Prognosis of Biomarker of Alzheimer’s Disease in the Function of the Retina and Secondary Molecular Structure Variation of the Retina and BrainRead the full article
International Journal of Alzheimer’s Disease publishes original research articles and review articles in all areas of Alzheimer's disease.
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A Comprehensive Investigation of the Potential Role of Lipoproteins and Metabolite Profile as Biomarkers of Alzheimer’s Disease Compared to the Known CSF Biomarkers
Introduction. While cerebrospinal fluid (CSF) core biomarkers have been considered diagnostic biomarkers for a long time, special attention has been recently dedicated to lipoproteins and metabolites that could be potentially associated with Alzheimer’s disease (AD) neurodegeneration. Herein, we aimed to investigate the relationship between the levels of CSF core biomarkers including Aβ-42, TAU, and P-TAU and plasma lipoproteins and metabolites of patients with AD from the baseline cohort of the Alzheimer’s Disease Neuroimaging Initiative (ADNI) database. Method. Using the ADNI database, fourteen subclasses of lipoproteins as well as a number of lipids and fatty acids and low-molecular metabolites including amino acids, ketone bodies, and glycolysis-related metabolites in blood samples were measured as potential noninvasive markers, and their association with the CSF core biomarkers was statistically investigated controlling for age and gender. Results. A total number of 251 AD subjects were included, among whom 71 subjects were negative for the Apo-E ε4 allele and 150 were positive. There was no significant difference between the two groups regarding cognitive assessments, CSF core biomarkers, and lipoproteins and metabolites except the level of Aβ-42 () and phenylalanine (), which were higher in the negative group. CSF TAU and P-TAU were significantly correlated with medium and small HDL in the negative group, and with extremely large VLDL in the positive group. Our results also indicated significant correlations of metabolites including unsaturated fatty acids, glycerol, and leucine with CSF core biomarkers. Conclusion. Based on our findings, a number of lipoproteins and metabolites were associated with CSF core biomarkers of AD. These correlations showed some differences in Apo-E ε4 positive and negative groups, which reminds the role of Apo-E gene status in the pathophysiology of AD development. However, further research is warranted to explore the exact association of lipoproteins and other metabolites with AD core biomarkers and pathology.
Cyclic Glycine-Proline Improves Memory and Reduces Amyloid Plaque Load in APP/PS1 Transgenic Mouse Model of Alzheimer’s Disease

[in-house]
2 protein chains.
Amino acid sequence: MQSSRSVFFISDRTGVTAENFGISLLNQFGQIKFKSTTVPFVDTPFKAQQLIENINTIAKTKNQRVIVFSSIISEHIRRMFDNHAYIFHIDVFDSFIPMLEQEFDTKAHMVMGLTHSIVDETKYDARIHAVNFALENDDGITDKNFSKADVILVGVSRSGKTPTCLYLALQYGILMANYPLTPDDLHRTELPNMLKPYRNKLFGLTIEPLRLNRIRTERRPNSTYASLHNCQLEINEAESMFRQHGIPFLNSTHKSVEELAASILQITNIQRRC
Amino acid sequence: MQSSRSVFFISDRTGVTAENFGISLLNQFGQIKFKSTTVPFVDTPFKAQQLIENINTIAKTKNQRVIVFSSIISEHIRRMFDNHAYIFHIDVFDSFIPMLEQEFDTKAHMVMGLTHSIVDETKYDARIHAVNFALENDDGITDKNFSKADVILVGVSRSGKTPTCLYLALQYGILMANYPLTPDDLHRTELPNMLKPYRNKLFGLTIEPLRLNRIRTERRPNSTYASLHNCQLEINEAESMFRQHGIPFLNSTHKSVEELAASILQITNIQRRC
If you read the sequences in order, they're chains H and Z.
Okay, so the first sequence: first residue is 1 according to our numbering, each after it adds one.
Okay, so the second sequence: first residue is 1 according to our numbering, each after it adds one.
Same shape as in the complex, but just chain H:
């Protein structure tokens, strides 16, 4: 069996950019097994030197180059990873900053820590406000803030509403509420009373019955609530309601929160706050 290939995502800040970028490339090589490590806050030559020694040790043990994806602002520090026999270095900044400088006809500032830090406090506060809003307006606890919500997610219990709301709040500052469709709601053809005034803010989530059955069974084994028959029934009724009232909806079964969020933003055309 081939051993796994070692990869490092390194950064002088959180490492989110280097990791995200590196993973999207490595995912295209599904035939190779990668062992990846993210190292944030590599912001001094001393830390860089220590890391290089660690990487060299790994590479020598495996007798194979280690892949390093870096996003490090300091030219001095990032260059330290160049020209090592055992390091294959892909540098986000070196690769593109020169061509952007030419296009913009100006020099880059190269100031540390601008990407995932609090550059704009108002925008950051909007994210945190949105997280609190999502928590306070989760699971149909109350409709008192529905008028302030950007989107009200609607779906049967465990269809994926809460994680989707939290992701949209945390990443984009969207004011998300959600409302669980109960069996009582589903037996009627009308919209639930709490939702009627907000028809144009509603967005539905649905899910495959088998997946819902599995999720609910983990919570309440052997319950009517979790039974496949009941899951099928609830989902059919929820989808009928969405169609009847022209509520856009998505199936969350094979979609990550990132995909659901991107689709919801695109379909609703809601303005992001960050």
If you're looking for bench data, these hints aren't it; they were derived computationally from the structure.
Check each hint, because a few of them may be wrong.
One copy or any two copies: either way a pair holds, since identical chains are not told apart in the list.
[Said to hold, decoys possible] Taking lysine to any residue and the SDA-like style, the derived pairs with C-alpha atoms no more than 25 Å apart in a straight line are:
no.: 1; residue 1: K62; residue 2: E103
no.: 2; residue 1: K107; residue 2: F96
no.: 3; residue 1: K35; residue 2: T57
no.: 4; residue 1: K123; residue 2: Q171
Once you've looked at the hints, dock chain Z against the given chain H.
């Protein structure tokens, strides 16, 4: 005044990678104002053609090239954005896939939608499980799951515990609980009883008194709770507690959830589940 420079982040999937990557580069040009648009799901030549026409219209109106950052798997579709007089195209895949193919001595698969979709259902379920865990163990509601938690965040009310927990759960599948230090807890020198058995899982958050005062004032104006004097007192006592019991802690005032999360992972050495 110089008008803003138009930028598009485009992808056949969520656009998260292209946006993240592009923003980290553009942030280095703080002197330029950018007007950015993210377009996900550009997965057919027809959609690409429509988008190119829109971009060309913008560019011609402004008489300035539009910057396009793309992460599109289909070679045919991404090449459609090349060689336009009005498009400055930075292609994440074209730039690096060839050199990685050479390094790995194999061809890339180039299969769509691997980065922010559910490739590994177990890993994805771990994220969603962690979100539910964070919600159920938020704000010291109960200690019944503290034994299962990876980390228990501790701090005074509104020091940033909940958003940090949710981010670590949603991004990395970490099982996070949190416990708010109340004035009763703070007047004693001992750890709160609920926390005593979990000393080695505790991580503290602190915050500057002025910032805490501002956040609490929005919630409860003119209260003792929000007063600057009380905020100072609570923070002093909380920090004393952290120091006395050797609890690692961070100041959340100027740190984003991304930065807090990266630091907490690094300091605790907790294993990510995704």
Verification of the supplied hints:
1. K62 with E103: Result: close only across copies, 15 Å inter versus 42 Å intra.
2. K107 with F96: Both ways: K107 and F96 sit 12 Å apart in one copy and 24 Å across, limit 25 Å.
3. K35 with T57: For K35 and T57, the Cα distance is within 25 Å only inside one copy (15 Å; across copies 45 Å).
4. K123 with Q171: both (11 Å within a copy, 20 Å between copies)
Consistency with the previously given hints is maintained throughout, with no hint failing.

Alzheimer’s disease (AD) is a neurodegenerative condition that is pathologically characterized by the presence of amyloid plaques and neurofibrillary tangles. Animal models of AD have been useful in understanding the disease process and in investigating the effects of compounds on pathology and behavior. APP/PS1 mice develop amyloid plaques and show memory impairment. Cyclic glycine-proline (cGP) is a cyclic dipeptide that is likely produced from a tripeptide, glycine-proline-glutamate, which itself is generated after proteolytic cleavage of insulin-like growth factor-1. Here, we show that cGP improves spatial memory and reduces amyloid plaque burden in APP/PS1 mice. The results thus suggest that cGP could potentially provide beneficial effects in AD.
CSF-Targeted Proteomics Indicate Amyloid-Beta Ratios in Patients with Alzheimer’s Dementia Spectrum
Background. According to recent studies, amyloid-β (Aβ) isoforms as cerebrospinal fluid (CSF) biomarkers have remarkable predictive value for cognitive decline in the early stages of Alzheimer’s disease (AD). Herein, we aimed to investigate the correlations between several targeted proteomics in CSF samples with Aβ ratios and cognitive scores in patients in AD spectrum to search for potential early diagnostic utility. Methods. A total of 719 participants were found eligible for inclusion. Patients were then categorized into cognitively normal (CN), mild cognitive impairment (MCI), and AD and underwent an assessment of Aβ and proteomics. Clinical Dementia Rating (CDR), Alzheimer’s Disease Assessment Scale (ADAS), and Mini Mental State Exam (MMSE) were used for further cognitive assessment. The Aβ42, Aβ42/Aβ40, and Aβ42/38 ratios were considered as means of comparison to identify those peptides corresponding significantly to these established biomarkers and cognitive scores. The diagnostic utility of the IASNTQSR, VAELEDEK, VVSSIEQK, GDSVVYGLR, EPVAGDAVPGPK, and QETLPSK was assessed. Results. All investigated peptides corresponded significantly to Aβ42 in controls. In those with MCI, VAELEDEK and EPVAGDAVPGPK were significantly correlated with Aβ42 ( value < 0.001). Additionally, IASNTQSR, VVSSIEQK, GDSVVYGLR, and QETLPSK were significantly correlated with Aβ42/Aβ40 and Aβ42/38 ( value < 0.001) in this group. This group of peptides similarly corresponded to Aβ ratios in those with AD. Eventually, IASNTQSR, VAELEDEK, and VVSSIEQK were significantly associated with CDR, ADAS-11, and ADAS-13, particularly in MCI group. Conclusion. Our research suggests potential early diagnostic and prognostic utilities for certain peptides extracted from CSF-targeted proteomics research. The ethical approval of ADNI is available at ClinicalTrials.gov with Identifier: NCT00106899.